Over the last few weeks, we have spent a lot of time talking about life insurance and death insurance, but what about car insurance? Who will pay for repairs when your teenage son forgets to put the vehicle in park mode and rolls into your neighbor’s brand new convertible? Or when you accidentally run into someone’s fence while rushing to work?
Whether you drive a high-class car or a modest SUV, you need auto insurance because it protects you financially when the unexpected happens. When you are involved in an accident, injure someone or damage someone’s property, your insurance will cater for the damage.
Other than financial protection, auto insurance is also a mandatory requirement in most states. Basically, you cannot get behind the wheel unless you carry at least the basic liability coverage, which pays for property damage and bodily injuries of others if you are at fault in a car accident.
But the big question is; how much auto insurance do you really need? What factors should you consider when determining how much coverage to purchase? In this post, we help you answer these critical questions, but first, you need to understand some of the common types of car insurance coverage.
Common Types of Car Insurance Coverage
The first step in determining how much auto insurance you need is to understand the different auto insurance coverage options. Here are some of the essential components that make up “full coverage” auto insurance and some of the additional add-ons that your provider might offer.
- Liability coverage: Liability coverage may help cover damages for bodily injuries and property damage to others if you are involved in an accident, and authorities establish that you were at fault. In most states, liability coverage is mandatory.
- Personal injury protection (PIP): Personal injury protection covers medical and related expenses up to your pre-determined coverage limits if you or your passengers are injured in a crash regardless of who is at fault. This coverage is mandatory in a few states.
- Collision coverage: Collision coverage is designed to cover damage to your own car if you are involved in an accident no matter who was at fault. Collision coverage is not mandatory in any state, but it is crucial.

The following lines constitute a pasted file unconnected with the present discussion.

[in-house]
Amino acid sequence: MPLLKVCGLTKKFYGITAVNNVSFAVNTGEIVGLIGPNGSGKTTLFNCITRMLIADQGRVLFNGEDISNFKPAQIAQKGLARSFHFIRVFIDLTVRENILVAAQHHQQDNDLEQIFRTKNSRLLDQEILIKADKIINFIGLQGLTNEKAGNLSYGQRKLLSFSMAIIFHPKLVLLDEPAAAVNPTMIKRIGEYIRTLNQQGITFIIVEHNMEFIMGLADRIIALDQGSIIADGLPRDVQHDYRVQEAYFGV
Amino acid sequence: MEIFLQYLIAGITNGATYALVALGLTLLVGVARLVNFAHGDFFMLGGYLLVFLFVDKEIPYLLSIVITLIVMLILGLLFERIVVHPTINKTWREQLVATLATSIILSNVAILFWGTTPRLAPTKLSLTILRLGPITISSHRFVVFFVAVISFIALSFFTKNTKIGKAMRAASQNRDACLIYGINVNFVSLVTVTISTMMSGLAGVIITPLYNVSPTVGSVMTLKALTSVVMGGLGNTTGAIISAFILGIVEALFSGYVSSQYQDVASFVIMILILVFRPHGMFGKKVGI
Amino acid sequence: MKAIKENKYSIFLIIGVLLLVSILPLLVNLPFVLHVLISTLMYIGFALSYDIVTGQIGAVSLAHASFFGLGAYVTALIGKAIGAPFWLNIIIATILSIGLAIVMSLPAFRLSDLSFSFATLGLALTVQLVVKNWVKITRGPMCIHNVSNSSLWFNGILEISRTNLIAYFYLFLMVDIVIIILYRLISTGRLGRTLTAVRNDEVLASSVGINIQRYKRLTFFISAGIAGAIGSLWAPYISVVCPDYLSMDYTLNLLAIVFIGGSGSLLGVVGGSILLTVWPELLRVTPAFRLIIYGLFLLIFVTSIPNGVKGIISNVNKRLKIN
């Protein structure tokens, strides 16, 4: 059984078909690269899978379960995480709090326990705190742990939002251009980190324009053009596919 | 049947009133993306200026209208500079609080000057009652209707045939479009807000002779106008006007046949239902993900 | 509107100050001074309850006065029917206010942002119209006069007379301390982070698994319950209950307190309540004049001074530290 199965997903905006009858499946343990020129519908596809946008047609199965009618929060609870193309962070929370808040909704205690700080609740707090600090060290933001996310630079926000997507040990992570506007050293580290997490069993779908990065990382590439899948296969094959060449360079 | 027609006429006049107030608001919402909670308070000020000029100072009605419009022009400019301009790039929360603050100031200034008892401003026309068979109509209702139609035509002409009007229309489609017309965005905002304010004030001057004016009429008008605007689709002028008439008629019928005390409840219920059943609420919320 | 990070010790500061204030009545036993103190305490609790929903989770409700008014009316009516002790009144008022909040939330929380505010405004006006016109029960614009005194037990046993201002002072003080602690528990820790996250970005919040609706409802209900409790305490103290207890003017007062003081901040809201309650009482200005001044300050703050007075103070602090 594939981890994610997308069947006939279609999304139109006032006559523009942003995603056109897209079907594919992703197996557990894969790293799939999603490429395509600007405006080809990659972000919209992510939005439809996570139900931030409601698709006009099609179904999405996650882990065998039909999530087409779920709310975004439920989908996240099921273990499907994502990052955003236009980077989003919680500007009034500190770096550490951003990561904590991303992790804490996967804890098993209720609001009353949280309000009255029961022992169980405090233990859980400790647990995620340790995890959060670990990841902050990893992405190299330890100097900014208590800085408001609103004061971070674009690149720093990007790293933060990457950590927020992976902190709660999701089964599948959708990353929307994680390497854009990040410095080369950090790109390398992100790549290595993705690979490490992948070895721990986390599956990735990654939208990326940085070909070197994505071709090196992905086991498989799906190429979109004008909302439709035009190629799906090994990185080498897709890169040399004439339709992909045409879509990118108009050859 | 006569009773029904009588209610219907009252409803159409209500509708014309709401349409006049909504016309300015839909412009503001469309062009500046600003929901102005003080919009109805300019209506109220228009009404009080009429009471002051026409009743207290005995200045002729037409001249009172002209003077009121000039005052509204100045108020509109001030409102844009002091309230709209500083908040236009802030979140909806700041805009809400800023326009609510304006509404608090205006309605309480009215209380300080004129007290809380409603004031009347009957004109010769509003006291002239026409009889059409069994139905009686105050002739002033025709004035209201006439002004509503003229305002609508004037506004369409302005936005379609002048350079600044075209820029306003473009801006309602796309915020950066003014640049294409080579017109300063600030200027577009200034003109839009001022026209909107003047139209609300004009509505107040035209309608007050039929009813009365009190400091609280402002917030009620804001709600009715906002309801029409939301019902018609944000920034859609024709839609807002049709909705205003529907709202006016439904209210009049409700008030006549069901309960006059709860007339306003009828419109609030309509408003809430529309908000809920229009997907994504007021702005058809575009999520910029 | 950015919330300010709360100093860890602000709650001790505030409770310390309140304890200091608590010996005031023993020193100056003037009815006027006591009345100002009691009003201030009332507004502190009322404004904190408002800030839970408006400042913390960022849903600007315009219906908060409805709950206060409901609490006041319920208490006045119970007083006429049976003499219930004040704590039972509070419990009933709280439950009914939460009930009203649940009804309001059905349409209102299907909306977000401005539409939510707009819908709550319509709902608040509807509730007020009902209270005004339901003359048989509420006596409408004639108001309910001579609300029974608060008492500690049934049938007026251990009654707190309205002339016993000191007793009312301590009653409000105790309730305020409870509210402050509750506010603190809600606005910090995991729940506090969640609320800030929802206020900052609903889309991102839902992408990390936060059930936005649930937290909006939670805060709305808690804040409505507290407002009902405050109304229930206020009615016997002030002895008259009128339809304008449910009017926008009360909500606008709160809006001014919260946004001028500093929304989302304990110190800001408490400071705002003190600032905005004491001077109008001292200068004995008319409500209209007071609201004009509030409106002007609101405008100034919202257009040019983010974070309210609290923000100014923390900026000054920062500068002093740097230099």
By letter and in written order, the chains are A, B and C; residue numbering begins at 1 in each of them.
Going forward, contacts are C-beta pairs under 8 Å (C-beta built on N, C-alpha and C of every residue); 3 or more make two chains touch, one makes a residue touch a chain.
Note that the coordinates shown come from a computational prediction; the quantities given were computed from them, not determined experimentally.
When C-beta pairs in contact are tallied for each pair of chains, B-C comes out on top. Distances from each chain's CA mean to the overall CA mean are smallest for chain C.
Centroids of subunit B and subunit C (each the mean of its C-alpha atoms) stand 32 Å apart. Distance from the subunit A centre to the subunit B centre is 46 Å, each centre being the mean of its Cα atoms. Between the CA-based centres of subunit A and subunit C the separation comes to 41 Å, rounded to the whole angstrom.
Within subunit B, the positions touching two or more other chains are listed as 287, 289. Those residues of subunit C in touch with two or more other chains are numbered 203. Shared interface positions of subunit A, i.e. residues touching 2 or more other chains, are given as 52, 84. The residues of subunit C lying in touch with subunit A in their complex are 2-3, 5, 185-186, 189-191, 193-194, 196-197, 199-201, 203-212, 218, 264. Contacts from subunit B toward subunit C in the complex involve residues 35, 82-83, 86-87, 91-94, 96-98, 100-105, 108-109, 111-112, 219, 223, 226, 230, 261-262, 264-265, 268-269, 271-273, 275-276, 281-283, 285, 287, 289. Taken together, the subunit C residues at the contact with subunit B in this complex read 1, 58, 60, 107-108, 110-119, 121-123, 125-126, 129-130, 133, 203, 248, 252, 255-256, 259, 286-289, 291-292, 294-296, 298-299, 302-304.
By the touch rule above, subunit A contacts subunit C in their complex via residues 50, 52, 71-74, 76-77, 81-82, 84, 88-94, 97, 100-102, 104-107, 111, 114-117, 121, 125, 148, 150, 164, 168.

- Bodily injury liability: This one covers you if you hurt someone else in an accident. It is closely related to the property damage liability that covers you if you damage someone else’s property in an accident.
- Comprehensive insurance: The primary purpose of comprehensive insurance is to provide you with that extra coverage when involved in an accident. It covers damage to your car due to non-collision incidents such as vandalism, collisions with animals, or certain weather elements.
- Gap insurance: If your vehicle is declared a “total loss” due to extensive damage, theft, or collision, comprehensive coverage will only pay out its actual cash value. The downside of this is that the actual cash value of your car factors in depreciation and will not cover the amount of money you still owe on auto loan or lease. Gap insurance pays out the difference so that you are not stuck making hefty payments on a car you no longer own.
- Uninsured/underinsured motorist: Uninsured coverage protects you and your car against uninsured motorists and hit-and-run incidents. This coverage is often paired with the underinsured coverage, which protects you if you are involved in an accident with a motorist whose insurance isn’t enough to cover the damages.
- Classic car coverage: This is a special type of car insurance specifically designed for the unique needs of classic and vintage car collectors.
Balancing Car Insurance Rates with Your Risk
The truth is that there is no one-size-fits-all approach to purchasing auto insurance. A policy that works for your coworker or neighbor might not be ideal for you and vice versa. The most important thing you need to keep in mind is that your preferred auto insurance coverage must offset your needs and protect your assets.